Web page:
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  39. Leibniz on Locke on Mathematical Knowledge.Emily Carson - 2007 - Locke Studies 7:21-46.
  40. Michael Ben‐Chaim.Experimental Philosophy and the Birth of Empirical Science: Boyle, Locke, and Newton. Vii + 222 Pp., Figs., Bibl., Index. New York: Ashgate Publishing, 2004. $84.95. [REVIEW]Lisa Downing - 2007 - Isis 98 (3):625-626.
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  41. Jonh Locke e o realismo cientí­fico.Marcos Rodrigues da Silva - 2007 - Princípios 14 (21):55-65.
    la82 12.00 Normal 0 21 false false false PT-BR X-NONE X-NONE MicrosoftInternetExplorer4 Este artigo tem por objetivo discutir a inserçáo de John Locke na filosofia do realismo científico no que diz respeito ao debate realismo/empirismo. Para atingir este objetivo apresentarei a hipótese de Maurice Mande lbaum de que, com relaçáo ao problema da explicaçáo científica, Locke parece estar alinhado com os realistas. Para discutir esta hipótese, procurarei oferecer uma caracterizaçáo de empirismo que seja apropriada para o debate realismo/empirismo – caracterizaçáo (...)
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  42. Locke and Botany.Peter R. Anstey & Stephen A. Harris - 2006 - Studies in History and Philosophy of Science Part C: Studies in History and Philosophy of Biological and Biomedical Sciences 37 (2):151-171.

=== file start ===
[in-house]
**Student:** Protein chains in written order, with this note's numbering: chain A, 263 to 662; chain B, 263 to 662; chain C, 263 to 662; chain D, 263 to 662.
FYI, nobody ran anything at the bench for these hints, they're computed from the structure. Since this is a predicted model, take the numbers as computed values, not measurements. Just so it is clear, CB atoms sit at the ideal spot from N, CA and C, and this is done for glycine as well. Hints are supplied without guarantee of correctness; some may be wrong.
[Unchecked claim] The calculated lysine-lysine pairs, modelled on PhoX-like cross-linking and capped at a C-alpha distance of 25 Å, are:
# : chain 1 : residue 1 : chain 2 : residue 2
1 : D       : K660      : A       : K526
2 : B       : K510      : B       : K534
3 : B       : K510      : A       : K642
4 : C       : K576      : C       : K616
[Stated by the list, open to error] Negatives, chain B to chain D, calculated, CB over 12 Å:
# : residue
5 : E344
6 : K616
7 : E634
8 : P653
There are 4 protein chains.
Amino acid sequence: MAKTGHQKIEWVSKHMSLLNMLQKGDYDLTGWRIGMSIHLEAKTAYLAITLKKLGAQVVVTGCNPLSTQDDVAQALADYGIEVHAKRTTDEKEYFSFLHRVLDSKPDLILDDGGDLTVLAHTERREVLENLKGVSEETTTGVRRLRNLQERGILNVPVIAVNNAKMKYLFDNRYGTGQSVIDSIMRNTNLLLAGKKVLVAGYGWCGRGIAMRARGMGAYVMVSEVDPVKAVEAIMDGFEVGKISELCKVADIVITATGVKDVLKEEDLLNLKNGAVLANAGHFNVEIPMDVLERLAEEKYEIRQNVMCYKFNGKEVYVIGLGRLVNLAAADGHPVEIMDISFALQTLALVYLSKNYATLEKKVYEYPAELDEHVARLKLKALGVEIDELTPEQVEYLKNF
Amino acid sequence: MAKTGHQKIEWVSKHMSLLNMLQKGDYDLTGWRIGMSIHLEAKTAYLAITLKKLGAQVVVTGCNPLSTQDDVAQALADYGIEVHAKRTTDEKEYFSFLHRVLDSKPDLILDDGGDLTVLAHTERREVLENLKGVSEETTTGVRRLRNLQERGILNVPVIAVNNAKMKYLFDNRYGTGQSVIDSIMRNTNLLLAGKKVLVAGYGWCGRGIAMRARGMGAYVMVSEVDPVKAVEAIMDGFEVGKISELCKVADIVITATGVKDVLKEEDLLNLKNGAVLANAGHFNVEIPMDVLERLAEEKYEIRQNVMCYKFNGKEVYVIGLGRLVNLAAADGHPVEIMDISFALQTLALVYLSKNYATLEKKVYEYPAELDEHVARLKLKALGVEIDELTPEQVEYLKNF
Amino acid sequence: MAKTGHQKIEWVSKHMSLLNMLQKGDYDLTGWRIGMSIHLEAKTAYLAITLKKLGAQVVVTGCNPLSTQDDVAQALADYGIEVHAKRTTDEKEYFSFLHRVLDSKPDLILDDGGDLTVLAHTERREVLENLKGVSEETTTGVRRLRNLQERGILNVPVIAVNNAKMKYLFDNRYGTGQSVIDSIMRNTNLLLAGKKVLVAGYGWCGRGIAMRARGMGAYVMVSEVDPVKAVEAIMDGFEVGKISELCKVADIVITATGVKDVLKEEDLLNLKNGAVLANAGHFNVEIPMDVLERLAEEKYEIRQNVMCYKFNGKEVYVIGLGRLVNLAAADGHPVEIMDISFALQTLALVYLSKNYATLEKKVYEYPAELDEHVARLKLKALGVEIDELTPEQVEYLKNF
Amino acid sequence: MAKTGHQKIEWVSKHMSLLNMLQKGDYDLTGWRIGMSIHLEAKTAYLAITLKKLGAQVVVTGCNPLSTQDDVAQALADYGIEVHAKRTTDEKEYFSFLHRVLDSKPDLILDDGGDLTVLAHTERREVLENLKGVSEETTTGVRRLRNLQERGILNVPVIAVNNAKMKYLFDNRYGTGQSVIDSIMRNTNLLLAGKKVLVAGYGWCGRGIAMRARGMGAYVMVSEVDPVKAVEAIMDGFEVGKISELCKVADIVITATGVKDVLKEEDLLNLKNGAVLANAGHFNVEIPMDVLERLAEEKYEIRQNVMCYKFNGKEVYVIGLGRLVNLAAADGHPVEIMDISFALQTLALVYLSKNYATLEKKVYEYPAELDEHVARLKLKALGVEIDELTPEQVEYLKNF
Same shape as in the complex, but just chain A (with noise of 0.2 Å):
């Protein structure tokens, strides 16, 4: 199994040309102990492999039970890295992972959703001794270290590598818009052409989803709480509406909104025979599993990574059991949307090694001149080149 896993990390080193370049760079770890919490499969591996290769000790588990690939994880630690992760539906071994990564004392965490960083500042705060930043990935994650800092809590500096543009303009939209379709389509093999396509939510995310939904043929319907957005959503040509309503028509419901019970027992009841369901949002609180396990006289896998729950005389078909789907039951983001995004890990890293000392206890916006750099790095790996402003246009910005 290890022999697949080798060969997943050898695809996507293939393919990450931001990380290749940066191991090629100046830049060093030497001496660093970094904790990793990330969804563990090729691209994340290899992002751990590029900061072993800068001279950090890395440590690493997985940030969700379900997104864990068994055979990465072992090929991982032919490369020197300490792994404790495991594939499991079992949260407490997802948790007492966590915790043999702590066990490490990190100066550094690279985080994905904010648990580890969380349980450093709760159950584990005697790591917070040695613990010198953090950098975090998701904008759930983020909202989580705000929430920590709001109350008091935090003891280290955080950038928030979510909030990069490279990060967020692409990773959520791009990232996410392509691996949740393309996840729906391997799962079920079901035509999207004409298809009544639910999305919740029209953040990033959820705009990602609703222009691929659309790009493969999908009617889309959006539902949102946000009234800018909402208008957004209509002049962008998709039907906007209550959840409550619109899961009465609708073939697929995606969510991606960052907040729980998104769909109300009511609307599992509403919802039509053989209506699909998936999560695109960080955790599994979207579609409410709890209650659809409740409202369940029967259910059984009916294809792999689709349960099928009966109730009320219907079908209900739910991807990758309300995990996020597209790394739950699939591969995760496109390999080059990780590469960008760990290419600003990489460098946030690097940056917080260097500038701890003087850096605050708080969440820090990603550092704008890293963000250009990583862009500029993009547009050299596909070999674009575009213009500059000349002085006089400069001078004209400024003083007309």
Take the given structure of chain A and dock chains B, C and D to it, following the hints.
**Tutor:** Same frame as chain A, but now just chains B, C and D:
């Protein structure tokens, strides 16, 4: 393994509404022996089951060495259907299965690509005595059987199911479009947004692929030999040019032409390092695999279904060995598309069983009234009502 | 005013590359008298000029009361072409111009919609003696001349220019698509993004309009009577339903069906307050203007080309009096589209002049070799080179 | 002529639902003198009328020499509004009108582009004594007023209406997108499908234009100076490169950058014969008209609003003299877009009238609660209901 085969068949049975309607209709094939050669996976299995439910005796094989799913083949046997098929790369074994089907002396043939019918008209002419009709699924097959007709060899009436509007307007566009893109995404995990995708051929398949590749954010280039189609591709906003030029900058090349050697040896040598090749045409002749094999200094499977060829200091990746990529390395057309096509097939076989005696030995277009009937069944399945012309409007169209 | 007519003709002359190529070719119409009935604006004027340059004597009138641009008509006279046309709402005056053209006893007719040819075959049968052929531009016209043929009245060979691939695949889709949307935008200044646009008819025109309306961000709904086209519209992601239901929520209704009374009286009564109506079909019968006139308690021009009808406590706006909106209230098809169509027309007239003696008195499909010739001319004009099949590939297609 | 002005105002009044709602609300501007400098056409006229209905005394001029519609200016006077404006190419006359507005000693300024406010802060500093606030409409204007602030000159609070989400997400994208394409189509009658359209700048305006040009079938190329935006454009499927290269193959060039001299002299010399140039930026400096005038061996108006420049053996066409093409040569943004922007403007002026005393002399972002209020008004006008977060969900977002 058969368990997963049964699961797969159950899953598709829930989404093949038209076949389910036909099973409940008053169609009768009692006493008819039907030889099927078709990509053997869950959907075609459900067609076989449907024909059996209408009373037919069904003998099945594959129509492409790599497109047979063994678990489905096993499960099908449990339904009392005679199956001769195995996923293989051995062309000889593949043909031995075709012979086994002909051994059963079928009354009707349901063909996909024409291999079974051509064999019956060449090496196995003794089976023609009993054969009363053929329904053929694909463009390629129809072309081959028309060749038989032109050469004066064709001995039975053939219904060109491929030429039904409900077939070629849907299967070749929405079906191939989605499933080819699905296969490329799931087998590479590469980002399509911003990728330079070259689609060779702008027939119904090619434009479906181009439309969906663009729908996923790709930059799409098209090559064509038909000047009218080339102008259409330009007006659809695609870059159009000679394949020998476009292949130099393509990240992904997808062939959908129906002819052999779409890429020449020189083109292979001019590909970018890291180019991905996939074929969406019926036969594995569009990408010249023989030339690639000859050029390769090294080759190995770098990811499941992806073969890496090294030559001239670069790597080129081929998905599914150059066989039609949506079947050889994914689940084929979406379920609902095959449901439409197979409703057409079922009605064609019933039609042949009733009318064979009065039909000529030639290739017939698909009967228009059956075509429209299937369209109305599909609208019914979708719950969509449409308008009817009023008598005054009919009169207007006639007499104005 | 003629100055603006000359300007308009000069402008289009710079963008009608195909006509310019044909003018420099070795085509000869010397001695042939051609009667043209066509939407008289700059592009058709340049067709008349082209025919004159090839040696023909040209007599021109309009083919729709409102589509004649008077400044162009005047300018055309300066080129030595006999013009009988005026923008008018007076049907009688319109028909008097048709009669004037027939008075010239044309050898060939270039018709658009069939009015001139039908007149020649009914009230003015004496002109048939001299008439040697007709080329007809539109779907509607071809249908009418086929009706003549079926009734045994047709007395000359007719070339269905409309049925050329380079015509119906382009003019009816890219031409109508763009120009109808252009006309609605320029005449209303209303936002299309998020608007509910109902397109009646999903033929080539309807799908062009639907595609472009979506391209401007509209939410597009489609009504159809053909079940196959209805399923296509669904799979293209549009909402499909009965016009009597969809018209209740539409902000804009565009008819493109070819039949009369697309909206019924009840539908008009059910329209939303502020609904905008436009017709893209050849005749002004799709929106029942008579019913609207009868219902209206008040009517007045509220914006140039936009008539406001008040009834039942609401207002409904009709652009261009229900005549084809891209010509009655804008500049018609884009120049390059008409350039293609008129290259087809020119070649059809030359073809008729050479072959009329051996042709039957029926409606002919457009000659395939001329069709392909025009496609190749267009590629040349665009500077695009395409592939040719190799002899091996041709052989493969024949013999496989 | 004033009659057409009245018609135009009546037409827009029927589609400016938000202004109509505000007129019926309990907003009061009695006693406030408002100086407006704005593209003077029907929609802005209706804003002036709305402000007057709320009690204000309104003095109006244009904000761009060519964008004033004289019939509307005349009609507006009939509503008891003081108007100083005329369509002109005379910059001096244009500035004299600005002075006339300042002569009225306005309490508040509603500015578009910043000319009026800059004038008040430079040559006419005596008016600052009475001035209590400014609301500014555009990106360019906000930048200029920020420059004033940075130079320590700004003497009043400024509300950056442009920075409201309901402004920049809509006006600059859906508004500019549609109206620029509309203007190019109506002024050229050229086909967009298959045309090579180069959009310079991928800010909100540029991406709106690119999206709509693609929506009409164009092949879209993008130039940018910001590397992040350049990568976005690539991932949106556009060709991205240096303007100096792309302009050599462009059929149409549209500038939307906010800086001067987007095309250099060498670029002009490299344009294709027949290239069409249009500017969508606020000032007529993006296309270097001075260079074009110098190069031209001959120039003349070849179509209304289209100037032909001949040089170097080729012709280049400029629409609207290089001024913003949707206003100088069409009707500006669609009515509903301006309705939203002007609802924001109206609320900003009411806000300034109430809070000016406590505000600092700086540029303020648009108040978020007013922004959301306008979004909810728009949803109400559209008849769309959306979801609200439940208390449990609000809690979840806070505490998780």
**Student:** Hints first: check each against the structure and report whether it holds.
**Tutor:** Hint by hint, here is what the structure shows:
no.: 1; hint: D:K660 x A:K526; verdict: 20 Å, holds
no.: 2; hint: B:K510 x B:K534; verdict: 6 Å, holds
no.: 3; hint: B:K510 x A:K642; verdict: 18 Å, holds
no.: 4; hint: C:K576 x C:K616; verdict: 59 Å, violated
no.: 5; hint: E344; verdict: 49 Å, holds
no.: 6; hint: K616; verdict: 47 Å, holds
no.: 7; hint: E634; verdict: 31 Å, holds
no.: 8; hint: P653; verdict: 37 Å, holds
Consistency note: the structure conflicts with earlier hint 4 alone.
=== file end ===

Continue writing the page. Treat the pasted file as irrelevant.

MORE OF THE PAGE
This paper argues that the English philosopher John Locke, who has normally been thought to have had only an amateurish interest in botany, was far more involved in the botanical science of his day than has previously been known. Through the presentation of new evidence deriving from Locke’s own herbarium, his manuscript notes, journal and correspondence, it is established that Locke made a modest contribution to early modern botany. It is shown that Locke had close and ongoing relations with the (...)
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  43. Hume and Locke on Scientific Methodology: The Newtonian Legacy.Graciela De Pierris - 2006 - Hume Studies 32 (2):277-329.